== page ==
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Upper School Blog

Addressing the Hazards of Vaping

Ben Dougherty
In October, we addressed the topic of Juuling and vaping with upper school students during homeroom. At Derryfield, we attempt to proactively address issues that impact the health and wellness of our students. Ms. Llewelyn recently brought six upper school students to a full day workshop on the dangers of vaping and as peer leaders they are now sharing that information with other students. They presented in an Anatomy and Physiology class and are leading an 8th grade health class session on what they learned. Our colleagues at schools across the country are reporting a rapid increase in the number of students using Juuling/vaping devices and the companies sales have surged over 800% in the last year with a projected revenue of almost $1 billion. In fact, many students have spoken with me and other faculty candidly about their concerns and the increase they are seeing in the use of these devices.

We reminded the students not only of the health risks but also the laws and the school consequences if they are found using a Juul/vape/e-cigarette on campus. Derryfield treats Juuling/vaping like any other illegal drug or alcohol, and it will not be tolerated. Our All School Handbook outlines the consequences for students if they are found with these devices, which include community service, suspension and possibly expulsion.

In an effort to continue to address this topic, we are planning informational talks for students and parents in early December. Laurie Warnock, MPH from Northern New England Poison Control will be speaking with 8th-12th grade students during our Community Meeting on December 3 about the dangers of Vaping and will also be doing an evening presentation for parents on December 4 at 6:00 p.m. in the Lyceum. Meanwhile, I urge you to continue the conversation at home with your children. I've included a few articles and informational links that may help you. Although these conversations can be difficult, they are so necessary. Research tells us that adolescents who start using drugs or alcohol before age 14 have a 40% chance of becoming drug/alcohol dependent as an adult. This makes the teenage years all the more important. It is a critical period during which a step in the wrong direction can have dramatic implications later in life. We encouraged students to reach out to their teachers, advisers, or Dean Stimpson if they have any questions or concerns. As always, if you have any concerns, please contact me.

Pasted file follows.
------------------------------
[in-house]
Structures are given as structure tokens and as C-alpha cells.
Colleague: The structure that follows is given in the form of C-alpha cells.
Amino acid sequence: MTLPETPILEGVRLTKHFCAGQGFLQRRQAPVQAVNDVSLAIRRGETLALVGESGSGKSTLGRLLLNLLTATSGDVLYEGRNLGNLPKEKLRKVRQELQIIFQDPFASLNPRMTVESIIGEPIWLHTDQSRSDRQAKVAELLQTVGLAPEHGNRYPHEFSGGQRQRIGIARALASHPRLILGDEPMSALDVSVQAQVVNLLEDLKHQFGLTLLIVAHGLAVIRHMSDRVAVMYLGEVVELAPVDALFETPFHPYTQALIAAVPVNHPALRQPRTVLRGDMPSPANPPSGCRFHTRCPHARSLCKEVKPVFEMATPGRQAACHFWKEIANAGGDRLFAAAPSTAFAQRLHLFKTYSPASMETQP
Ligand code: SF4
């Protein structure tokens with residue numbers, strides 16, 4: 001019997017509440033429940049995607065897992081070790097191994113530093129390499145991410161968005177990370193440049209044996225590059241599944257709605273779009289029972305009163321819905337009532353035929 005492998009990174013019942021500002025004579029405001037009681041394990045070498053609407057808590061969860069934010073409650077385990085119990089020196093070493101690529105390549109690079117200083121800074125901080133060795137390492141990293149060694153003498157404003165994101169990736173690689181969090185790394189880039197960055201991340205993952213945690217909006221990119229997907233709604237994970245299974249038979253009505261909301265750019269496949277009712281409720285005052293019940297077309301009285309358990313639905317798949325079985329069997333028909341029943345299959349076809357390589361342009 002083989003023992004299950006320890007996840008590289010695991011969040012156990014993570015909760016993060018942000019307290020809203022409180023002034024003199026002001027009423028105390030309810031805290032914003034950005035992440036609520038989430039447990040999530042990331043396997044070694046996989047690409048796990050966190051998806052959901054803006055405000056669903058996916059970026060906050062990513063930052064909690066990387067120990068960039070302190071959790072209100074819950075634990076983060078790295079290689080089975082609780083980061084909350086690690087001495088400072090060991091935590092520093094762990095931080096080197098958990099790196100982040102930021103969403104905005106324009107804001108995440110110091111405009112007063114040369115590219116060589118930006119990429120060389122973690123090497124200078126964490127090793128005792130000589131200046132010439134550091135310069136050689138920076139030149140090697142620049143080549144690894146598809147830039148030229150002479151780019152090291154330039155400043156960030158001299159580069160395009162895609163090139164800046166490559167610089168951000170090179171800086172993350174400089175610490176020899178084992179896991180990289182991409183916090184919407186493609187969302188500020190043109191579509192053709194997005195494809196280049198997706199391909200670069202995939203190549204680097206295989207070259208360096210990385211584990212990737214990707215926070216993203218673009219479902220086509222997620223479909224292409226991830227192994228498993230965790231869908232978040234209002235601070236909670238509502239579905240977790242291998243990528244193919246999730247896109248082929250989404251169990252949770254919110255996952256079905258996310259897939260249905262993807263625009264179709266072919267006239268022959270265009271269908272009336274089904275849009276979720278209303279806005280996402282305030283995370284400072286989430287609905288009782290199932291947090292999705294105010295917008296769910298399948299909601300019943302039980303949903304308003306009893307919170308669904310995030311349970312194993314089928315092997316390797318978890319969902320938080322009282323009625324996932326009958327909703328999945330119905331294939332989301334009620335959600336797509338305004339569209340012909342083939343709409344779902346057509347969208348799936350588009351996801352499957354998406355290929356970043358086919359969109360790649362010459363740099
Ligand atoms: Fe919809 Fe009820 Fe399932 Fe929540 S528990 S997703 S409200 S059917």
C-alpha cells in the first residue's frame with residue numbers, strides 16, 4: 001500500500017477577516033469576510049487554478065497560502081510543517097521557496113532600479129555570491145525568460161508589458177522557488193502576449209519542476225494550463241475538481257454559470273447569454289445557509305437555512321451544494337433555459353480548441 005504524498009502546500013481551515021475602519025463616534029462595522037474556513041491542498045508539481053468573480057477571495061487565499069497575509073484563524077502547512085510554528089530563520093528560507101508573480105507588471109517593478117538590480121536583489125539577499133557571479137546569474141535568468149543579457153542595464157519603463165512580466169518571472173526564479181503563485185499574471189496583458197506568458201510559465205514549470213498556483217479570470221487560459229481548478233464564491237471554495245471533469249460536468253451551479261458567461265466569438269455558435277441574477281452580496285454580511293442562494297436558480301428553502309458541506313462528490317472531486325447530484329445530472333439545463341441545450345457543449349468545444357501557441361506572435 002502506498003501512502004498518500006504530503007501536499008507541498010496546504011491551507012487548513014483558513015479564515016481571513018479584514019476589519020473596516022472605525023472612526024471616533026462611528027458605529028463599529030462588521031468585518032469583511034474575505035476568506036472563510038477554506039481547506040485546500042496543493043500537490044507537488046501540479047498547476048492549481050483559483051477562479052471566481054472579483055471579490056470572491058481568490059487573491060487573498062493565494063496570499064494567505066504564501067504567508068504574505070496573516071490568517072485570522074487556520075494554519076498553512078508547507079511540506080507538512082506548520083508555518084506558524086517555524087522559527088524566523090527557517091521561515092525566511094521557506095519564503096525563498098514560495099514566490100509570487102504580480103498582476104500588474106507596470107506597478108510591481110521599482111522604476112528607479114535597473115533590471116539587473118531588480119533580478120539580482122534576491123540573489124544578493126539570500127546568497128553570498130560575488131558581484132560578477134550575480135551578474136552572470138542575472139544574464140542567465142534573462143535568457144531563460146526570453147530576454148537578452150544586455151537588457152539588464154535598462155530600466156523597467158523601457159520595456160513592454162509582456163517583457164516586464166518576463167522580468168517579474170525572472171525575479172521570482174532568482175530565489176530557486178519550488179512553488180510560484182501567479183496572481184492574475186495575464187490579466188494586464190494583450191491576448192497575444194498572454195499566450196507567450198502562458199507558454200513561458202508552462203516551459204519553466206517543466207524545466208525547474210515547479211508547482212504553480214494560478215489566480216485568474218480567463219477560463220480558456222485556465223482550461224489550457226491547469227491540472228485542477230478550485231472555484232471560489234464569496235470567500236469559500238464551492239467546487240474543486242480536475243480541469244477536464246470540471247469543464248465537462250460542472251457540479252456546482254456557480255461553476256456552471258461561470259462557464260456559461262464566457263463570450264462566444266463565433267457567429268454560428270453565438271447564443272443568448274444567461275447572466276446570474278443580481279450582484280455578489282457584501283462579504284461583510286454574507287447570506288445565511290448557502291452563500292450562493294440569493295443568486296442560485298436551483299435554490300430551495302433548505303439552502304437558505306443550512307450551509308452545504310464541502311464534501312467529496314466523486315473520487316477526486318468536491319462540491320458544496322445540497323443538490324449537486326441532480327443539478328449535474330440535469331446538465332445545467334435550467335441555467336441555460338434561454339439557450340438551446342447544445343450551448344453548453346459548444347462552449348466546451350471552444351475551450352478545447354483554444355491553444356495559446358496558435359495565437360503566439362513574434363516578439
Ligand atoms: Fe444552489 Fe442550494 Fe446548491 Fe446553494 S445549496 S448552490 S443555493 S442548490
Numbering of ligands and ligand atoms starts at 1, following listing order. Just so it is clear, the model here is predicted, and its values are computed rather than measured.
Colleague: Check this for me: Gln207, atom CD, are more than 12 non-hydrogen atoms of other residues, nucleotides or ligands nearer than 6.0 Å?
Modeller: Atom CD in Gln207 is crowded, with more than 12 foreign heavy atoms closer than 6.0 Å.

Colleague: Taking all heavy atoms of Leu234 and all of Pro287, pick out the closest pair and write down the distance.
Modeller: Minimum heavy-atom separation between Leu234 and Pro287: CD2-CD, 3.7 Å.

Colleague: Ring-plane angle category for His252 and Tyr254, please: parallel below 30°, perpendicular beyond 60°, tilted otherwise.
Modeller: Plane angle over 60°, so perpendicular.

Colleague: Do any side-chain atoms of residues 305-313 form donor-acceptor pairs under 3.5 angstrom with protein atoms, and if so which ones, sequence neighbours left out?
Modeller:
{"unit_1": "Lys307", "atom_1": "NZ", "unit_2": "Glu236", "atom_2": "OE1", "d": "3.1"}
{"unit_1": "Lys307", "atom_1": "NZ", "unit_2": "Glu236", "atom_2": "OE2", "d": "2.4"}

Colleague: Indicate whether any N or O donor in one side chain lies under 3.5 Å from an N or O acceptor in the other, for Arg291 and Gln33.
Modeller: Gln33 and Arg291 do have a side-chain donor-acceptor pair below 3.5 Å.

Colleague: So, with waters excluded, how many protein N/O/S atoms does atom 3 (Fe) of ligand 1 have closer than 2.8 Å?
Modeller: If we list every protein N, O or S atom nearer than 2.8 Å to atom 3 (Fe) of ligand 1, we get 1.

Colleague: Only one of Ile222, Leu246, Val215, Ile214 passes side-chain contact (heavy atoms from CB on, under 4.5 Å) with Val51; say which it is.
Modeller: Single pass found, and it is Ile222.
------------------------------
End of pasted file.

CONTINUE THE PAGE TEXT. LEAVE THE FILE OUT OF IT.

Ben Dougherty
Head of Upper School
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